NASA scientists have been daydreaming about a new kind of engine that could carry astronauts to Mars in 70 days without burning any fuel. Now, in a new paper published in the peer-reviewed Journal of Propulsion and Power, they say that it might really work.
The paper, written by scientists at NASA’s Eagleworks Laboratories, tested a electromagnetic propulsion system, or “EM drive,” that generates a small amount of thrust simply by bouncing microwaves around a cone-shaped copper chamber. No propellant goes in, no exhaust comes out, and yet, somehow, the engine can make things move.
If you think that news sounds too good to be true, you’ve got good instincts — it just might be. This “impossible” fuel-less engine appears to violate one of the fundamental laws of physics.
Hark back to your high school science classroom. Avert your eyes from theunfortunate hair styles and acne, if necessary, and try to focus on what’s written on the blackboard: For every action, there is an equal and opposite reaction.
That’s Newton’s third law of motion. It’s the principle that explains why pushing against a wall will send an ice skater zooming in the opposite direction. It also explains how jet engines work: As hot gases are expelled out the back of the plane, they produce a thrusting force that moves the plane forward.
But the EM drive doesn’t work that way. Its thrust seems to come from the impact of photons on the walls of the copper cavity. That would be like moving a car forward by just banging against the windshield.
And that works?
According to the new paper, yes. The Eagleworks scientists report that their machine generated 1.2 millinewtons of thrust per kilowatt of electricity pumped in. (That electricity could come from solar panels in a hypothetical spaceship.) That’s a fraction of thrust produced by the lightweight ion drives now used in many NASA spacecraft, National Geographic noted, but it’s a lot more than the few micronewtons per kilowatt produced by light sails, a proven technology that generates thrust using radiation from the sun.
Where did this idea come from?
The idea for an EM drive was first published a decade ago by British engineer Roger Shawyer. He argued that the drive isn’t really “reactionless” — instead, he argued, the thrust comes from radiation pressure. Microwaves inside the cavity create an imbalance of radiation that pushes against the walls and generates thrust.
The idea was hyped in headlines and splashed across the cover of New Scientist magazine, but most scientists were, and still are, extremely skeptical. There’s no theoretical explanation for how such an engine might work, and not all the possible sources of experimental error have been eliminated.
A team of scientists at China’s Northwestern Polytechnical University have beenworking to build their own EM drive, but their one positive result turned out to be a measurement error, according to the Christian Science Monitor. In 2014, independent inventor and chemical engineer Guido Fetta got the scientists at Eagleworks to evaluate his variation on the EM drive, which he calls Cannae. They concluded that it did produce a small amount of thrust, but didn’t speculate on what that might mean or what mysterious new laws of physics could have produced it. Fetta says he now wants to test the drive in space, according to Popular Mechanics.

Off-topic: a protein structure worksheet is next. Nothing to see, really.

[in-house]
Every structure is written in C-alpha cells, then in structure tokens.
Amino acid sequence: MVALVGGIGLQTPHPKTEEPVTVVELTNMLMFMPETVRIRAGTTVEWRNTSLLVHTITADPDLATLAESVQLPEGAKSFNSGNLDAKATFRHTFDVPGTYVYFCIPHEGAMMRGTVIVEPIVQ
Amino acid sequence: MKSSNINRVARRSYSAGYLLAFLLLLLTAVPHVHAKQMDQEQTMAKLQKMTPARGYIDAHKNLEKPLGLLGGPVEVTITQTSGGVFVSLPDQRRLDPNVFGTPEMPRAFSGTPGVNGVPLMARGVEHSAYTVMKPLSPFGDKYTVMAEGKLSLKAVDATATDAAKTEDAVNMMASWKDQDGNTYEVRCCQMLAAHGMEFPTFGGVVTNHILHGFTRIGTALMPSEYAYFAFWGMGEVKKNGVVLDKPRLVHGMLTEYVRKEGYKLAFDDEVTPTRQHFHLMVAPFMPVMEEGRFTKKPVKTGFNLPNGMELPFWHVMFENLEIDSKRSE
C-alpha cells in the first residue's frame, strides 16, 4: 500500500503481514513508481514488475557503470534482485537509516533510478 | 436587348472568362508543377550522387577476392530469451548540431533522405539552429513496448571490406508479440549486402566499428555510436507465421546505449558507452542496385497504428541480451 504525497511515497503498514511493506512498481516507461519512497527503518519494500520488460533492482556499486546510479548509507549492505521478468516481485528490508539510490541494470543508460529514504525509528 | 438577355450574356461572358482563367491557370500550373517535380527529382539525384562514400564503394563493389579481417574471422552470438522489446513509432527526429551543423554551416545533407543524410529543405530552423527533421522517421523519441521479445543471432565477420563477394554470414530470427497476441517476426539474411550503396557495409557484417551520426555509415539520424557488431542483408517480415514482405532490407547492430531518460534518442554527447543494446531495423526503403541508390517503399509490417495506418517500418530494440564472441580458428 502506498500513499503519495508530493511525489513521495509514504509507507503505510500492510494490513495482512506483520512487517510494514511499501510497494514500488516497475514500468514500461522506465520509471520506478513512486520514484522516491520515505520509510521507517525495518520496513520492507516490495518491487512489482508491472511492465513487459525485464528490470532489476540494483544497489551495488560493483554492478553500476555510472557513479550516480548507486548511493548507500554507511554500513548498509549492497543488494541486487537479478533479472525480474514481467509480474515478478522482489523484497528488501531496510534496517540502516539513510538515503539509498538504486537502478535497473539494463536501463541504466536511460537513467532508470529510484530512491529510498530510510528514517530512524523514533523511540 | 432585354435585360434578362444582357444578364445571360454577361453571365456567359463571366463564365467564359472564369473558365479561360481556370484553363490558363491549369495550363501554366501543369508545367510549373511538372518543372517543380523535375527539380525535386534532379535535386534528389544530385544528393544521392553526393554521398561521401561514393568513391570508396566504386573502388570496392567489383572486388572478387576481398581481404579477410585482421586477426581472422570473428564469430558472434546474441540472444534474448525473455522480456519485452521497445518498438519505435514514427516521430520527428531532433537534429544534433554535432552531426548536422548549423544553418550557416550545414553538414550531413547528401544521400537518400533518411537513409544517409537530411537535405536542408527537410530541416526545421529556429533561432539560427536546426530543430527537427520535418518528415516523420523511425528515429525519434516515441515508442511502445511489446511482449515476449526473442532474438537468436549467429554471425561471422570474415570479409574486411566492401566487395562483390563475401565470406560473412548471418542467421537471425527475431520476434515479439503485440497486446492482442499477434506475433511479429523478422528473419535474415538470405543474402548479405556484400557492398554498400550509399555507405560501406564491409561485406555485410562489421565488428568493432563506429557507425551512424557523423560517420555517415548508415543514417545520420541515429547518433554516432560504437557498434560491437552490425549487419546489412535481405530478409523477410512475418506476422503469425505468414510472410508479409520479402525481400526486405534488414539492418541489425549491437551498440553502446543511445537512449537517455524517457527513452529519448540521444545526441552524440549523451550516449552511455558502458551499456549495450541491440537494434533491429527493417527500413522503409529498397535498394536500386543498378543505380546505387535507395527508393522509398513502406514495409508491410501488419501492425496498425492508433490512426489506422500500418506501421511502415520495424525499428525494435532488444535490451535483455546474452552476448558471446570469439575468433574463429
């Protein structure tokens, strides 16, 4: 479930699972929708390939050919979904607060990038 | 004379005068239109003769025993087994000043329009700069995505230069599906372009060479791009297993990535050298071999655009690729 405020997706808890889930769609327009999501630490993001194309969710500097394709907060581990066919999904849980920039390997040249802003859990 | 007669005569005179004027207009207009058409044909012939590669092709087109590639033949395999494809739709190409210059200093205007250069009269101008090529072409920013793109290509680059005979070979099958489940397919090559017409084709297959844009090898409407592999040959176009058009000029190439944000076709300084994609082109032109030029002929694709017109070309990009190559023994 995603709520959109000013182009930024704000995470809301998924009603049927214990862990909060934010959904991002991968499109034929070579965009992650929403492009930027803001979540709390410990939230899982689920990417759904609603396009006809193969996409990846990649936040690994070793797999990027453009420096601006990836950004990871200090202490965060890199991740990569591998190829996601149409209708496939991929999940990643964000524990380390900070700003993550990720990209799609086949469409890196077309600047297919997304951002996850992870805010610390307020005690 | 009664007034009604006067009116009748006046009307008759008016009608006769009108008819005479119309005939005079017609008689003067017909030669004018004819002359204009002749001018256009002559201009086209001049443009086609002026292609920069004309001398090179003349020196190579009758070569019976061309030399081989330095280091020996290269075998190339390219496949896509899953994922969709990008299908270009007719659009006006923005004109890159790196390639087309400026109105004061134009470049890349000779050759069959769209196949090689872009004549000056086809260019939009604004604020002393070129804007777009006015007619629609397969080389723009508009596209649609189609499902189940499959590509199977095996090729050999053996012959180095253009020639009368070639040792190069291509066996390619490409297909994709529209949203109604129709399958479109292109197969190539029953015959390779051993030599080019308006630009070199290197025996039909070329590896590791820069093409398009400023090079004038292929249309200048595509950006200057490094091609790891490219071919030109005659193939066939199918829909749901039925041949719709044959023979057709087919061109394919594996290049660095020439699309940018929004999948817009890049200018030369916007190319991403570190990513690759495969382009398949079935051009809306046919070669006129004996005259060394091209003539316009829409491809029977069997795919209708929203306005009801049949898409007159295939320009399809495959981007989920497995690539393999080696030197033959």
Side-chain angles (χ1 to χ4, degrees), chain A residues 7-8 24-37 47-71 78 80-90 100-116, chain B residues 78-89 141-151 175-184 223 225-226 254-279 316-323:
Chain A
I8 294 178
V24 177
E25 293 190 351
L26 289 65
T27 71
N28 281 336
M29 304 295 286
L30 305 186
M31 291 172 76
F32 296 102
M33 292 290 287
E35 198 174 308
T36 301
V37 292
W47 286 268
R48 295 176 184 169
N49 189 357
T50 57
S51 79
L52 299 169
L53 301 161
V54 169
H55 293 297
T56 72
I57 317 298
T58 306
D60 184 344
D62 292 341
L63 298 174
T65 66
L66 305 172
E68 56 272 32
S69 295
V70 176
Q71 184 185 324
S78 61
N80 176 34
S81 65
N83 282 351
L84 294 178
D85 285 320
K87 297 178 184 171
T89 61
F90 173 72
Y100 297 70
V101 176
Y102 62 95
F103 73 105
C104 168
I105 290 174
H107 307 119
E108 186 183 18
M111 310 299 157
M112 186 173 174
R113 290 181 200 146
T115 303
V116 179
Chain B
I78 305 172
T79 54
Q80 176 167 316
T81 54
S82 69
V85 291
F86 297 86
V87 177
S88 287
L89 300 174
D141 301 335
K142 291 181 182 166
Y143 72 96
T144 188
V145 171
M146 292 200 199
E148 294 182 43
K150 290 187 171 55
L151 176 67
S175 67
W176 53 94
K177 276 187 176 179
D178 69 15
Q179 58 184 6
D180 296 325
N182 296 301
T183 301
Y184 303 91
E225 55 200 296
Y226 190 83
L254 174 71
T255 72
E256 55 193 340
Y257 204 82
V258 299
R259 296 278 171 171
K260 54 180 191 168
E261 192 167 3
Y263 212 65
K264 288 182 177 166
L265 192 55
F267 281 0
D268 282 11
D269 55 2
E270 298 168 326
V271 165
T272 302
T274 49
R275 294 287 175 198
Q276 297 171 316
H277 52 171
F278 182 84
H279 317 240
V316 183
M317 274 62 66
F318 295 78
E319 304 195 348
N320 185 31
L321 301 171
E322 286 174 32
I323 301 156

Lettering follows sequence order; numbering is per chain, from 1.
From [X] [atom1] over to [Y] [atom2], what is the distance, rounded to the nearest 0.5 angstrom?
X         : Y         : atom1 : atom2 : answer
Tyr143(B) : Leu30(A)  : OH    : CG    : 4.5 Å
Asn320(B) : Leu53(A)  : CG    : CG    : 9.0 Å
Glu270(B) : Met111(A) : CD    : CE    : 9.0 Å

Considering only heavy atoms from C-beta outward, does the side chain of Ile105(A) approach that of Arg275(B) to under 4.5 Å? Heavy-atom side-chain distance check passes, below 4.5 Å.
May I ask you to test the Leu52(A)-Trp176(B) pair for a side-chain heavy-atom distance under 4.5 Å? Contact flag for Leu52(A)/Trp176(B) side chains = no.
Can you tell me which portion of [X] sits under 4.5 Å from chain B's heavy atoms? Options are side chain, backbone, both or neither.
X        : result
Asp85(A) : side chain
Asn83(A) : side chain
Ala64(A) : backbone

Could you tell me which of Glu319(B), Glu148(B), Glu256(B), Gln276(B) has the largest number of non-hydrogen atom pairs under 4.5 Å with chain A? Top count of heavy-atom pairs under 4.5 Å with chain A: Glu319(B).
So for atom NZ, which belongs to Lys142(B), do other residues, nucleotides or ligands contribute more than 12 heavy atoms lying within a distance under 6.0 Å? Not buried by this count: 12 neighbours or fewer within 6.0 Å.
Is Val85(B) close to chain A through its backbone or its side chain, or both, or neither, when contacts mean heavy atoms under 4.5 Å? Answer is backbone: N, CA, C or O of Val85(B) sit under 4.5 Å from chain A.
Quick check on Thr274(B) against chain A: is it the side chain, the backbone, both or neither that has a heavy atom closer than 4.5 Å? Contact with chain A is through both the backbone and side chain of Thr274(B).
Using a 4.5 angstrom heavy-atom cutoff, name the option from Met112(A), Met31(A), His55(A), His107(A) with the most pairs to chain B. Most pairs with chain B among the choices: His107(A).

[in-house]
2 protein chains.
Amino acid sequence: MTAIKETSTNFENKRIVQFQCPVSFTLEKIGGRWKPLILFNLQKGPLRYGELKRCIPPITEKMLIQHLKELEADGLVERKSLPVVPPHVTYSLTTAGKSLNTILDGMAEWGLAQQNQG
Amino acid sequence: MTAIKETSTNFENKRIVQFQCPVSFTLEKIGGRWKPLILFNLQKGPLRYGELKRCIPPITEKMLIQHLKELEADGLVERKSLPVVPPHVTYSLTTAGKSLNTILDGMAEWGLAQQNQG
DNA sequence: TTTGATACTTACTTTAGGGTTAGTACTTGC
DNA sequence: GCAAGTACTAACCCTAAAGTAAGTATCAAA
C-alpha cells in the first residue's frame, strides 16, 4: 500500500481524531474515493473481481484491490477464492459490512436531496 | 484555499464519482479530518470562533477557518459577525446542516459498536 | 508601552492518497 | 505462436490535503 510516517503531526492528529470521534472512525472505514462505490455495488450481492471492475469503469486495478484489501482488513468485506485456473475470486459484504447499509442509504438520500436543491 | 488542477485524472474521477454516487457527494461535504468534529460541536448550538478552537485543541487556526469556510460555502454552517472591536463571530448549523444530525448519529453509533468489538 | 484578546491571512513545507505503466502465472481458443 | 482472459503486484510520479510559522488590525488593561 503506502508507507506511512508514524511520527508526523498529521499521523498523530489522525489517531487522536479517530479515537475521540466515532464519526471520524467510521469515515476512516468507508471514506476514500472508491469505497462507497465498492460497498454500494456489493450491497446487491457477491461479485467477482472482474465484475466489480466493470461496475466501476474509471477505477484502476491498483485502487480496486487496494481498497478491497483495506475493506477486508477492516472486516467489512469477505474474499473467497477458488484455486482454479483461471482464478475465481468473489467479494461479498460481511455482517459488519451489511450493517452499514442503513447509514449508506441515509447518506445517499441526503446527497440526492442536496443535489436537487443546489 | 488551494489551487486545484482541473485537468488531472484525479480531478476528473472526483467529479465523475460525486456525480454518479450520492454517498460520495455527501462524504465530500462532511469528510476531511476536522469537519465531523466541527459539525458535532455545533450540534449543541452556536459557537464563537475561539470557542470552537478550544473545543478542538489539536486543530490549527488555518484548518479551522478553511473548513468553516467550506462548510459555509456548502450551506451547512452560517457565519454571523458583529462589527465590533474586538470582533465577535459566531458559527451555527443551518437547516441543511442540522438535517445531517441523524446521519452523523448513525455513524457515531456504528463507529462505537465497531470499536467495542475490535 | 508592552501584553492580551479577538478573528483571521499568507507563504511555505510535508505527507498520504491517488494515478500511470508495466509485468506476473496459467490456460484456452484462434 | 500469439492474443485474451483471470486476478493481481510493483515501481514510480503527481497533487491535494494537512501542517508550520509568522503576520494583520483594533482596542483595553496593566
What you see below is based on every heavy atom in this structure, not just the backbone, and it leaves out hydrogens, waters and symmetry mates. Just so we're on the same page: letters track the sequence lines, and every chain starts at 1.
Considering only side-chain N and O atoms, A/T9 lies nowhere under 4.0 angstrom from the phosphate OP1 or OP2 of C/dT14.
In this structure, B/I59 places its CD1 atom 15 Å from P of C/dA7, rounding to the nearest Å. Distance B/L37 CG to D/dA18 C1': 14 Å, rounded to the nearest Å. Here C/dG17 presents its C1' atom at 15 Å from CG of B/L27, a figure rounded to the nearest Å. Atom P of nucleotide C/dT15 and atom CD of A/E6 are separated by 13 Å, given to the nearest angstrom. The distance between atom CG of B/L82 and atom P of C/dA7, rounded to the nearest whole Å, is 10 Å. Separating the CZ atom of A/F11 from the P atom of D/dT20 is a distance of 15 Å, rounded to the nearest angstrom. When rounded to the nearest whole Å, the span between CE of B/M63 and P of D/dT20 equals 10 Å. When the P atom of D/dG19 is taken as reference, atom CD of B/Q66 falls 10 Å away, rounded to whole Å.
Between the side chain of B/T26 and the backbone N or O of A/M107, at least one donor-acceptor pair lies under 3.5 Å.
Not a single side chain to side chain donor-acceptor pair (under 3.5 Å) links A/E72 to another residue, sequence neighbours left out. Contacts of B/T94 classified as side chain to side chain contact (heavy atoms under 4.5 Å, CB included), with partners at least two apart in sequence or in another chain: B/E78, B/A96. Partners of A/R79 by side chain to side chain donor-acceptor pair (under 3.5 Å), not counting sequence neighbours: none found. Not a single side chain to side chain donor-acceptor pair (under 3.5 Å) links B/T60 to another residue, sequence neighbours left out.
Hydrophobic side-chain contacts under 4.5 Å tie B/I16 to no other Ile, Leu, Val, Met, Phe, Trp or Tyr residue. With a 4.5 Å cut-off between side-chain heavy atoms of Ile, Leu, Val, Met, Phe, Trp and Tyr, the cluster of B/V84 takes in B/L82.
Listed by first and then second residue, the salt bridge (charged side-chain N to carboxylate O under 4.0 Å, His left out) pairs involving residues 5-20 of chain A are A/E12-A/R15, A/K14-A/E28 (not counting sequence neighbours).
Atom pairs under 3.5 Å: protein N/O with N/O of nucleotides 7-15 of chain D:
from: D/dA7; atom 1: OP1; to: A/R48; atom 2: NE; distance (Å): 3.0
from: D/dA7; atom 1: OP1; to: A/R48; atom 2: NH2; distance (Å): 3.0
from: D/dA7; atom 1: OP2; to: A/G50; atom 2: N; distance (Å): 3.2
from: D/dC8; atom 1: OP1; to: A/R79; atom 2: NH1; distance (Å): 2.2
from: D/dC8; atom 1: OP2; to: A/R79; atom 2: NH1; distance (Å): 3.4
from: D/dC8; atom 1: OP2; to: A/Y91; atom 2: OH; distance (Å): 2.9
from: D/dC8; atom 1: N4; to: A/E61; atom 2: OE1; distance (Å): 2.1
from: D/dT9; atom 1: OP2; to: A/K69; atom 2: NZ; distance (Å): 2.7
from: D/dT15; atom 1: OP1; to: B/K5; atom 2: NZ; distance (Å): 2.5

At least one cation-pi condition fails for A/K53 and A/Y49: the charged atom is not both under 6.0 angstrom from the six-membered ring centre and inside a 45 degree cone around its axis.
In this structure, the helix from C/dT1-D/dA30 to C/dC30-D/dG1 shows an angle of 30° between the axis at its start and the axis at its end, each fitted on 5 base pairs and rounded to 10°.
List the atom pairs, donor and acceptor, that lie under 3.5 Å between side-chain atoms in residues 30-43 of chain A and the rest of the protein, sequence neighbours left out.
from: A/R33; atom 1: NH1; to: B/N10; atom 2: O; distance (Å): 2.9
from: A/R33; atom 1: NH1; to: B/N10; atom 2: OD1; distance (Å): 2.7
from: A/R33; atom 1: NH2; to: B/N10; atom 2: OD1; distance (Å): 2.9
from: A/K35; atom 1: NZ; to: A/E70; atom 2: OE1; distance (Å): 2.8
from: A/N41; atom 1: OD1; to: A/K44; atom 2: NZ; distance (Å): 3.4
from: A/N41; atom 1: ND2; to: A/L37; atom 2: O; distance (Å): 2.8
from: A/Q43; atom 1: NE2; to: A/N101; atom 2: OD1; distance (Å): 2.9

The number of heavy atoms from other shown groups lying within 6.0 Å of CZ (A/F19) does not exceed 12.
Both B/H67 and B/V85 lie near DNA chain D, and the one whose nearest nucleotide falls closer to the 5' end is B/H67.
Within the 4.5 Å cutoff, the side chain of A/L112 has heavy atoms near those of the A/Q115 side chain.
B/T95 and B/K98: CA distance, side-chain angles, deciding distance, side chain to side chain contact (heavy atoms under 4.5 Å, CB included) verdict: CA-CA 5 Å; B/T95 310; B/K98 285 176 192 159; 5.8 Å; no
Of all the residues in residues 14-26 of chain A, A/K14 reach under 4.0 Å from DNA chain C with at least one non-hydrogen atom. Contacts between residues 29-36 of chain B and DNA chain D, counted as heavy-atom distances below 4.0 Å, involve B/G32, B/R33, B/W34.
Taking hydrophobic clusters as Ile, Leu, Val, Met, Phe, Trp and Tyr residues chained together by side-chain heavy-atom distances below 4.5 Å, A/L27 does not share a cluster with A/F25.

NASA has been uncharacteristically restrained about this whole project. When asked about the Eagleworks experiments last year, the space agency told Space.com, “While conceptual research into novel propulsion methods by a team at NASA’s Johnson Space Center in Houston has created headlines, this is a small effort that has not yet shown any tangible results. NASA is not working on ‘warp drive’ technology.”
What does this new paper really mean?
The new finding does lend some credence to EM drive claims. It passed peer review, which means that several expert scientists reviewed the methodology and the results and found no major flaws. It also addressed one of the major knocks against past EM drive tests — that the engines heat up when activated, suggesting that hot air around the machines, rather than the photons inside them, might be what generates thrust. The Eagleworks scientists made sure this wasn’t the case by conducting their test in a vacuum.
This doesn’t mean that the Eagleworks EM drive definitely functions. Peer review is designed to make sure that studies are well designed and executed, and that the conclusions are reasonable — it’s not an endorsement. And plenty of findings published in solid scientific papers have later been found to be incomplete or incorrect. That’s how science is supposed to work: You draw conclusions based on the best evidence available, present them to your peers, and revise and refine as you conduct more tests and gather more data. The authors of the paper list nine possible sources of error in their experiment, and indicate that they need to do more tests to try to rule those out.
“The issue involved here is whether the experiment is seeing something real or not,” Jim Woodward, a physicist at California State at Fullerton, told Motherboard. “I know [co-author Paul March] does clean work and, to be honest, I suspect there may really be something there.”
But, Woodward added, there’s no theoretical explanation for the phenomenon that March and his colleagues report. That’s not necessarily disqualifying — evidence is evidence — but it is a good reason to stop and take a second look.